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Monumental Scapegoat: Tajik Villagers, Embarrassed By Statue, Put It Out To Pasture

Locals felt outsiders were mocking their ibex statue.
Locals felt outsiders were mocking their ibex statue.

In a monumental turnaround, authorities in a southern Tajik town have removed a statue honoring a revered native son, the Siberian ibex, after residents complained it was harming their image.

The statue of the majestic wild goat that roams the mountains surrounding Muminobod, in southern Khatlon Province, was perched atop a rocky plinth in the town's Abdullo Davlatov neighborhood four years ago in admiration.

The cloven-hoofed monument proved to be widely unpopular with residents, however, who felt that it was the source of local mockery.

Qudrat Nozimov says that people in other areas of the town and beyond soon started calling the neighborhood "that goat place" or just the "Goat."

"They refer to us as 'the one from the Goat' and it sounds insulting," Nozimov told RFE/RL's Tajik Service.

"In our slang, goat also means a liar. That's why the residents didn't like it," explained another resident, Nurullo Hasanov.

Local authorities began receiving demands for the statue to be removed and relocated elsewhere, according to Muminobod head Sabohat Mirzoeva.

When their demands were not answered, residents took out their ire on the statue itself, leaving it without its trademark long, curved horns, and breaking its legs.

"We don't know who was doing that," Mirzoeva said on September 24.

"The statue was meant to honor our district's agricultural sector and natural wildlife, but it was completely misinterpreted by people," the official added.

Mirzoeva said that the statue was removed earlier this month "due to residents' demands" and is expected to be restored and repainted before being erected at a different location.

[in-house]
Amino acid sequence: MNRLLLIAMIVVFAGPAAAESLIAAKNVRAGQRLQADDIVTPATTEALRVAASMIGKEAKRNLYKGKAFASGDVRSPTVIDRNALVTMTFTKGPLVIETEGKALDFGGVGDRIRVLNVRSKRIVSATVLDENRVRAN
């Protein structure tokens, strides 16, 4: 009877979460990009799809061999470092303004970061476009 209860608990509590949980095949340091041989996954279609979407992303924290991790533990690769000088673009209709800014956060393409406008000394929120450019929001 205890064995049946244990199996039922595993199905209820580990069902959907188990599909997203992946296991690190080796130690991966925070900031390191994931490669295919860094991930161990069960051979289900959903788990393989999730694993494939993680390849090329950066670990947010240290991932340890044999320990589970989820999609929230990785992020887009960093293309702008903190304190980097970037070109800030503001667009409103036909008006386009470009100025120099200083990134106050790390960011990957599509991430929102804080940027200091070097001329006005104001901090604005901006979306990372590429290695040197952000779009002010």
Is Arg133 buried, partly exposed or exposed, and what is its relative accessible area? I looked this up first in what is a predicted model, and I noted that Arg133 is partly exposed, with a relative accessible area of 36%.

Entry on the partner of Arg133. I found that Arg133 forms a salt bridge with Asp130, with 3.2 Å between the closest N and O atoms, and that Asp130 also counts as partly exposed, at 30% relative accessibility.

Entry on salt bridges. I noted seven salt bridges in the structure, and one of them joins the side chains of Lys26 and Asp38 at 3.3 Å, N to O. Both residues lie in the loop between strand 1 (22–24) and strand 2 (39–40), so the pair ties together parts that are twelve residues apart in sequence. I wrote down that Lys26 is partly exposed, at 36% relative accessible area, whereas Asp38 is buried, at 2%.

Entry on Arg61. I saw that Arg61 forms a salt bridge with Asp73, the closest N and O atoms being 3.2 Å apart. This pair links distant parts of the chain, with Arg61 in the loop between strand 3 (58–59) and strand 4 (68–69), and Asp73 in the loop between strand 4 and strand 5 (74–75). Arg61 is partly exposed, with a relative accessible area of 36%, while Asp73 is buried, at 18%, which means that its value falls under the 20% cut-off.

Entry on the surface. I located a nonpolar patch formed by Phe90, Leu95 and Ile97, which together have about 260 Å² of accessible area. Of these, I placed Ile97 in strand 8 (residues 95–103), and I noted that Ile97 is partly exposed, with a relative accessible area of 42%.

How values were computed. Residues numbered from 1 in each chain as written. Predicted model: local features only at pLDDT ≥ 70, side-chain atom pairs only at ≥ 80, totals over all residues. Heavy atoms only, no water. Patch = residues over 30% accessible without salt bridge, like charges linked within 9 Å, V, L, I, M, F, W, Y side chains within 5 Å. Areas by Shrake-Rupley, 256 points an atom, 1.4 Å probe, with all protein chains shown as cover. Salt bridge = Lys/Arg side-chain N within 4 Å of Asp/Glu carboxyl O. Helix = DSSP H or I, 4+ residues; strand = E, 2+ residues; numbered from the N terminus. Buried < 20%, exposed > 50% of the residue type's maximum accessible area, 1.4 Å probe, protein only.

Video taken from the scene shows the lifeless, hornless statue lying in the dirt in front of its plinth, which is now slated to serve as the base for a fountain:

Tajik Villagers Butt Heads Over Cloven-Hoofed Statue (In Tajik)
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Written by Farangis Najibullah based on reporting by RFE/RL Tajik Service correspondent Mumin Ahmadi
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    Mumin Ahmadi

    Mumin Ahmadi has been a correspondent for RFE/RL's Tajik Service since 2008. He graduated from Kulob State University and has worked with Anvori Donish, Millat, Khatlon-Press, and the Center for Journalistic Research of Tajikistan. He was also the editor in chief of Pajwok.

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    Farangis Najibullah

    Farangis Najibullah is a senior correspondent for RFE/RL who has reported on a wide range of topics from Central Asia, including the impact of Russia’s invasion of Ukraine on the region. She has extensively covered efforts by Central Asian states to repatriate and reintegrate their citizens who joined Islamic State in Syria and Iraq.